Good morning. I’m very pleased to be here with you today, along with my distinguished colleagues from the Postal Service and in the UN family, to be part of the unveiling of the international forever stamp -- the first of its kind and a really groundbreaking achievement for the U.S. Postal Service.
I’m especially glad to be here because I’m a proud native of Philadelphia – which was, of course, the birthplace of the U.S. Postal Service…in addition to so many other great American innovations. Like the Constitution, for example, in which the postal service is one of the few government agencies explicitly mentioned.
On behalf of the United States Mission to the United Nations, I can tell you that the location for today’s ceremony, this iconic United Nations headquarters, was truly well chosen. For centuries, post was a primary form of communication and diplomacy between countries. So it is fitting that we launch the first USPS international forever stamp right here in the headquarters of world diplomacy.
Many people don’t realize that under recent legislation, the U.S. Department of State is actually deeply involved in international postal affairs and postal policy. We have staff in Washington committed to the oversight of foreign policy related to international postal services. And our view is that the affordable, accessible, and universal communication made possible by postal services remains an important tool in our diplomacy, government to government, and more importantly, people to people.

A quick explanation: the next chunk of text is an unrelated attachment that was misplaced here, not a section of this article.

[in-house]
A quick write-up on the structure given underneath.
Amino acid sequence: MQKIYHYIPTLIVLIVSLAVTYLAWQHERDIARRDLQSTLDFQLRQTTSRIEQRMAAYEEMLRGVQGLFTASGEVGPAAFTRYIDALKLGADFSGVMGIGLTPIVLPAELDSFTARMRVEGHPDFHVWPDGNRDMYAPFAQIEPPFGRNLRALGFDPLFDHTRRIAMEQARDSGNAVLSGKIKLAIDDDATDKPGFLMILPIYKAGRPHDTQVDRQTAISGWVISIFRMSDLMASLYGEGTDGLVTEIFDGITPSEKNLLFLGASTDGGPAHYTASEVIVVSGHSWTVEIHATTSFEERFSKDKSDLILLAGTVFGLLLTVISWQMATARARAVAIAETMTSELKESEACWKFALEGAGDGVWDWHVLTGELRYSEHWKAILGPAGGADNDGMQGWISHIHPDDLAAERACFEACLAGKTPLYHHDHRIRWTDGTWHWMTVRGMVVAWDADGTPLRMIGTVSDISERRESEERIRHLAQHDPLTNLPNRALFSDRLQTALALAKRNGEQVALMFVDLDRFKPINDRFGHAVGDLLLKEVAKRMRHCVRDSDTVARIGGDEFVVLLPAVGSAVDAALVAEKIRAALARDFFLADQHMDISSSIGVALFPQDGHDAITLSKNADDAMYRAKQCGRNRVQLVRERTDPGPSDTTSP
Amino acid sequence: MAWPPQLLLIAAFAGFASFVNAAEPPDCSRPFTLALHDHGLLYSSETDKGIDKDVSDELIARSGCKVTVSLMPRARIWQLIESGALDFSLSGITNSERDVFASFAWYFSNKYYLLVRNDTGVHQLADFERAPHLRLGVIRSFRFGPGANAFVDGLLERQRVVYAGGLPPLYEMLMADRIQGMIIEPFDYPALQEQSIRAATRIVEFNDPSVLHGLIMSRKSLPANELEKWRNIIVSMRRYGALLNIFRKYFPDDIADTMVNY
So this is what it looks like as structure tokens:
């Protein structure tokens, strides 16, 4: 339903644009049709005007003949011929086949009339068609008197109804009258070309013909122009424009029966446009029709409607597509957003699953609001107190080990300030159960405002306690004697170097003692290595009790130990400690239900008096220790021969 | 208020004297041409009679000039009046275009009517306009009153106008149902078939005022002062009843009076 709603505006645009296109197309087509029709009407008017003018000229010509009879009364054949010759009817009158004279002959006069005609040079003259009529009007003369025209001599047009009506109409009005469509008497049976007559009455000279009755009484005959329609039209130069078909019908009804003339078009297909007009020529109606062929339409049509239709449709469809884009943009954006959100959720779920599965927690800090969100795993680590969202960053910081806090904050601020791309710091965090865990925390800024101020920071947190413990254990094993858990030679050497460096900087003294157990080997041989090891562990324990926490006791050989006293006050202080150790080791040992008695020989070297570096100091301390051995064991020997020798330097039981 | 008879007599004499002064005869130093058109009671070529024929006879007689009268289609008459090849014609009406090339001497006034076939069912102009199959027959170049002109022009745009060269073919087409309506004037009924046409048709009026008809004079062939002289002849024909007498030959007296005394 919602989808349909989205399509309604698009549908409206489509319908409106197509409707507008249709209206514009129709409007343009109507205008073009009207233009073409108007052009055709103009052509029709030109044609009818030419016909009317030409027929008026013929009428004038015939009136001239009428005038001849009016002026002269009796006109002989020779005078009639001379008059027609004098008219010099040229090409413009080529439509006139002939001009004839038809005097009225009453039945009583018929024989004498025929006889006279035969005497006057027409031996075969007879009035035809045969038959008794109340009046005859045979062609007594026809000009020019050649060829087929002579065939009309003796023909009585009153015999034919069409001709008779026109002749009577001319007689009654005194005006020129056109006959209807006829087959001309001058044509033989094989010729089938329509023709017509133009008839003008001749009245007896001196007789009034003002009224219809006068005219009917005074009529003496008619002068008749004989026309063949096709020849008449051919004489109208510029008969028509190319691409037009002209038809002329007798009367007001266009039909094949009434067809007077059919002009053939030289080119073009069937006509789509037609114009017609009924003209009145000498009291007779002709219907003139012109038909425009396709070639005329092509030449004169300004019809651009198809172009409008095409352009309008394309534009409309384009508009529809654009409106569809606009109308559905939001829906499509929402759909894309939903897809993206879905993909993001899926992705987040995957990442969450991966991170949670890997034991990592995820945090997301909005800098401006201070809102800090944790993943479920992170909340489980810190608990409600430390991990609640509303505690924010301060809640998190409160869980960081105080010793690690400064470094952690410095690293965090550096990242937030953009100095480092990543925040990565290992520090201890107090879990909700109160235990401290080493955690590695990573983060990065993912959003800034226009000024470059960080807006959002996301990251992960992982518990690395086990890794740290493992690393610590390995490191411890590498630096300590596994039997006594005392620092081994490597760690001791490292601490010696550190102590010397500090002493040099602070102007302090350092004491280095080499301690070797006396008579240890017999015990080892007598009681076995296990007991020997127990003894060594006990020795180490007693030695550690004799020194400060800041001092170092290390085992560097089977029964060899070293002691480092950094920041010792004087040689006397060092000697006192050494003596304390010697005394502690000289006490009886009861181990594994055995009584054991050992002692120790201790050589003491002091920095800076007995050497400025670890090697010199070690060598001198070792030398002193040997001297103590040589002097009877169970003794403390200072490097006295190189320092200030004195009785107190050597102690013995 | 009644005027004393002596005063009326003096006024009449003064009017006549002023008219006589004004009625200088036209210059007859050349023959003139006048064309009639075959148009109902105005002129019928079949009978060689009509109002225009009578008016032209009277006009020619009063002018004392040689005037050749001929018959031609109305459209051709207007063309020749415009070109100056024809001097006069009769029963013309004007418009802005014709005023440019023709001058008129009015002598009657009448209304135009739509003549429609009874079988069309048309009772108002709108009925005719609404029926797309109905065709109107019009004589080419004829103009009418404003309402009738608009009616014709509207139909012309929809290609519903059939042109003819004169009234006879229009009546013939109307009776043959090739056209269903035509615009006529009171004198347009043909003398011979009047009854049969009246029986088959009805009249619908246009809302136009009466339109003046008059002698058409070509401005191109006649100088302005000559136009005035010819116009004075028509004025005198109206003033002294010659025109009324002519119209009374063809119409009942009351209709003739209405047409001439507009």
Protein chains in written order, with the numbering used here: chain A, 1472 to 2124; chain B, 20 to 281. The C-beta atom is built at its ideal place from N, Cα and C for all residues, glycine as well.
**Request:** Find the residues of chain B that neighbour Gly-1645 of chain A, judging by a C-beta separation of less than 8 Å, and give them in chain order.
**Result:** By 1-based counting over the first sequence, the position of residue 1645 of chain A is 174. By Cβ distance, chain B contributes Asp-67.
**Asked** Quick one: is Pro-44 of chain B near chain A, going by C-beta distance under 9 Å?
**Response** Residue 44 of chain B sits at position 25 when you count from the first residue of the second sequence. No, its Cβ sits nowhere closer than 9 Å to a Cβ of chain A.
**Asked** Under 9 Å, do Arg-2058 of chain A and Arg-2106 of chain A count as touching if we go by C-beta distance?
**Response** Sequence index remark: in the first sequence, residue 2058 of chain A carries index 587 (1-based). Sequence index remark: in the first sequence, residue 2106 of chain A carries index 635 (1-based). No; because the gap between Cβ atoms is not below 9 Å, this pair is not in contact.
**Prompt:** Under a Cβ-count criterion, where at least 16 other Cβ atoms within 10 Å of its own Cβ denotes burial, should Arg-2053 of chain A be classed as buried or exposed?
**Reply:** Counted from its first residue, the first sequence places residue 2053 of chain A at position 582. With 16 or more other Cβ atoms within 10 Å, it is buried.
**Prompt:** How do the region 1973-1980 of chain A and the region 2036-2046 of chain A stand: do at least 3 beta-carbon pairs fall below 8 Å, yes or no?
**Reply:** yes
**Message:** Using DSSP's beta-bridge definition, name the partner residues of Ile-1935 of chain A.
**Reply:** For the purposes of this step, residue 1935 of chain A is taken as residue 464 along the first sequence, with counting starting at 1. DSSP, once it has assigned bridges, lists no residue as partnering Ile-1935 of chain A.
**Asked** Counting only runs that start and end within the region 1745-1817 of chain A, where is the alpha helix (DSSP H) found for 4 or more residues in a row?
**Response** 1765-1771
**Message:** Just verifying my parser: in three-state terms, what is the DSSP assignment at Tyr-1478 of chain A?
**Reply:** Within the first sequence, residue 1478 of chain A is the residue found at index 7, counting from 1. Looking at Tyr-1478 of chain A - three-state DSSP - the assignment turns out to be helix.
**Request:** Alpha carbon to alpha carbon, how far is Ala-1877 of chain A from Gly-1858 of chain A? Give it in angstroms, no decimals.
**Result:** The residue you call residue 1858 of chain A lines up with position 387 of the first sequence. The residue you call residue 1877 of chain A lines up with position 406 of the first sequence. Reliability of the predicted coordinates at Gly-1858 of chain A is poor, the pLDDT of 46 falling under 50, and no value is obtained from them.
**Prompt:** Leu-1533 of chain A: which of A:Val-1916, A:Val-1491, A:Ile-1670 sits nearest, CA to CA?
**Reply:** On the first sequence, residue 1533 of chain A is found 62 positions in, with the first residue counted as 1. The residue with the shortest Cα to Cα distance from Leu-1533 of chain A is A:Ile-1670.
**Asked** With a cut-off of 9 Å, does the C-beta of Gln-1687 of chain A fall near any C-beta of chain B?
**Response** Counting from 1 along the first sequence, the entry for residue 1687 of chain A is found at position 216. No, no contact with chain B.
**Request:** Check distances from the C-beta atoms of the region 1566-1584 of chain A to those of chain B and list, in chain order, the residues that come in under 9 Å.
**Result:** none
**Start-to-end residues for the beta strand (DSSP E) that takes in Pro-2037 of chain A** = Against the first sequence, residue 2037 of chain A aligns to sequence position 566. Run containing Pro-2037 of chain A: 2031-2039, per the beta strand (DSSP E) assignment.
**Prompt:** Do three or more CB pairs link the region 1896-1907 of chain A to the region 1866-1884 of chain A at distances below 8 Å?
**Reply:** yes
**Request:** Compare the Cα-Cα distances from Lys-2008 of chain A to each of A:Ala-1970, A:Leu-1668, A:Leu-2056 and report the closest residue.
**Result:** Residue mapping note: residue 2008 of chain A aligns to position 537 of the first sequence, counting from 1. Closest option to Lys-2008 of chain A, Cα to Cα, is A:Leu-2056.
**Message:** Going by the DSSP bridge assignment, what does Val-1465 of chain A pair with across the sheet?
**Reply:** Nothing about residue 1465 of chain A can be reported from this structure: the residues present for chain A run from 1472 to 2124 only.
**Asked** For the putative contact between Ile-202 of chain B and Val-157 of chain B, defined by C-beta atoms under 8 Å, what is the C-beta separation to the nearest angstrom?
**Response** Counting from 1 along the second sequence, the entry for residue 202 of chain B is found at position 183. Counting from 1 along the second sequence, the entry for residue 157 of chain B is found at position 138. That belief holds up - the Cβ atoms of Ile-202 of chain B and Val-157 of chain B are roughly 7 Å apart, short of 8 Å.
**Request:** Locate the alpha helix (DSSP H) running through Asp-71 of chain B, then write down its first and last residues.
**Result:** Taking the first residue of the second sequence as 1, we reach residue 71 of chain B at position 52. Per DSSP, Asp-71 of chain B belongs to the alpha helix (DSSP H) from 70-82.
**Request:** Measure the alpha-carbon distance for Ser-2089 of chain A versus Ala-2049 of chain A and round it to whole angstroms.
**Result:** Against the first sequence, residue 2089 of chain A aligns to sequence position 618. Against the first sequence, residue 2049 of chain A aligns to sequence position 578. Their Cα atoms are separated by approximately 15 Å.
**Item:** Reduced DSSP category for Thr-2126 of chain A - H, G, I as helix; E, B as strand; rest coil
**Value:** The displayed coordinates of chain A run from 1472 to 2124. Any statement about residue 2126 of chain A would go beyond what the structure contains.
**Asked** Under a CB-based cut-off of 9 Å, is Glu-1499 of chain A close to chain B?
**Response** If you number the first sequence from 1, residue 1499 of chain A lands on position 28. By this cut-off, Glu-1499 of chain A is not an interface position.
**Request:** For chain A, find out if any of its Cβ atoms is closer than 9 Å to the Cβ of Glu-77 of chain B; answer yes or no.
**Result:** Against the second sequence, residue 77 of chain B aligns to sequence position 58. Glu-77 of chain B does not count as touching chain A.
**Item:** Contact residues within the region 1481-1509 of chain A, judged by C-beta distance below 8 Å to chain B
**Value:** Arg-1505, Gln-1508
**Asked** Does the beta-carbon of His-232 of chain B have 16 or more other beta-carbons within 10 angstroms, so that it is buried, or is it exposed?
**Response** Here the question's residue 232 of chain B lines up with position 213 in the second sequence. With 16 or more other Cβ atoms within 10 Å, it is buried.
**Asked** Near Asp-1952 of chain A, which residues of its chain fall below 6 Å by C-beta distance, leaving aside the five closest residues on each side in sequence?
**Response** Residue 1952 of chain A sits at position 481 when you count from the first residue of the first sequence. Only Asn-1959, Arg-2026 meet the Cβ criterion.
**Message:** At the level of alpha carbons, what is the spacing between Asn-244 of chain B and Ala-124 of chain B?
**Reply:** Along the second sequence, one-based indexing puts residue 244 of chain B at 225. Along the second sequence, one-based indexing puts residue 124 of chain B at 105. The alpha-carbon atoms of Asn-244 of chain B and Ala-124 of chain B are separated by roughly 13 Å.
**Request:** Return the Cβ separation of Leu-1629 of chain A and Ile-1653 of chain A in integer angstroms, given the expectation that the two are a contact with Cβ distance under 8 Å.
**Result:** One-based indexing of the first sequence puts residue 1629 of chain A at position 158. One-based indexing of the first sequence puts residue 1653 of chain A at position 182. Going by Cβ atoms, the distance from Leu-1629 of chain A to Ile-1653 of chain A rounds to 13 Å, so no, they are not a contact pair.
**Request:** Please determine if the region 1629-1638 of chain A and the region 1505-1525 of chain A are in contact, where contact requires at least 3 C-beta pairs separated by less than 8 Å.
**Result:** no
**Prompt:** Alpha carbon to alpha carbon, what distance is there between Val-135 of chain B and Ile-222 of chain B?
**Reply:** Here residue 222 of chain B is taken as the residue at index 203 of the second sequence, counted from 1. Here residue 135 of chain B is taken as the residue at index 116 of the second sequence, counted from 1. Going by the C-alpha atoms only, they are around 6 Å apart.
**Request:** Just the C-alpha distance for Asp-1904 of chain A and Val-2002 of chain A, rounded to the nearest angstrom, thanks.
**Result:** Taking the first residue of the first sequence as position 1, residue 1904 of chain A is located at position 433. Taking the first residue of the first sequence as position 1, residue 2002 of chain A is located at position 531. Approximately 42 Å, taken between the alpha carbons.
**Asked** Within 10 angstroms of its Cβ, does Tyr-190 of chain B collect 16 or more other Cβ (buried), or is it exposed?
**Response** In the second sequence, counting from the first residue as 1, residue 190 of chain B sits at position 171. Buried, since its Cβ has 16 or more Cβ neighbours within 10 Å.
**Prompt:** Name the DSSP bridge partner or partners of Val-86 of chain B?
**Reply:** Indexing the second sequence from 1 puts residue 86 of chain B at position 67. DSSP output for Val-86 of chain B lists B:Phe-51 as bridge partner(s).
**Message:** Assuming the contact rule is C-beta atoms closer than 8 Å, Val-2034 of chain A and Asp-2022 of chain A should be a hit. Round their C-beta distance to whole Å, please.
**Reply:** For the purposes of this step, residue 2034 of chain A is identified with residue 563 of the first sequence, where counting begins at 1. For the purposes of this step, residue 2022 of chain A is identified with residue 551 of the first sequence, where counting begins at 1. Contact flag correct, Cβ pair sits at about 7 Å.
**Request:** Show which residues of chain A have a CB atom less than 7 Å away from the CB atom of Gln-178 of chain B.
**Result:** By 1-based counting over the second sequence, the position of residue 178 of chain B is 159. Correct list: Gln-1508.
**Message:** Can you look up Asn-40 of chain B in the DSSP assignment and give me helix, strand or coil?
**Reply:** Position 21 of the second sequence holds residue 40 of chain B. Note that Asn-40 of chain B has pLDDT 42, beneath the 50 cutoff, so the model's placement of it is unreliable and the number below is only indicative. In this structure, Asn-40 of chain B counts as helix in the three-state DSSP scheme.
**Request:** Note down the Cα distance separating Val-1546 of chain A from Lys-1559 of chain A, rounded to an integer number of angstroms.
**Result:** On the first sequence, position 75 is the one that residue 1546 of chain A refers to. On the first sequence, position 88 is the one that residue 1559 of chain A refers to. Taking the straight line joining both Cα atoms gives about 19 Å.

Those of you who’ve followed the work of us at the US Mission know that Ambassador Rice and I are big fans of mobile 21st century communications and social media. We webcast, friend and tweet, all in an effort to make public diplomacy a permanent part of the landscape here at the UN.
But even in this brave new world – maybe especially in this brave new world – the postal service remains essential and fundamental. Maybe we don’t write as many handwritten thank-you notes as we used to, but we’re communicating, through postal services, more than ever. Every year, post offices around the world still handle in excess of 400 billion letters and packages, and there remains a vibrant and crucial international system, now more than 130 years old, that ensures that all the letters and packages mailed here in New York or in Tokyo or Durban are all handled in the same way as they cross borders and reach their intended recipients.
This gorgeous stamp reinforces that truth. The United States remains committed to the idea of cooperation with our international partners – in this case to facilitate international postal communications. At a time when some customers question the future of the postal sector as we know it, this stamp is a symbol of the U.S. Postal Service’s enduring and laudable commitment.
The Global Forever stamp unveiled today is another important step in a global network of communication and commerce that reflects American values, serves American interests, and helps America prosper.
So good luck and congratulations, U. S. Postal Service. Benjamin Franklin would be proud.
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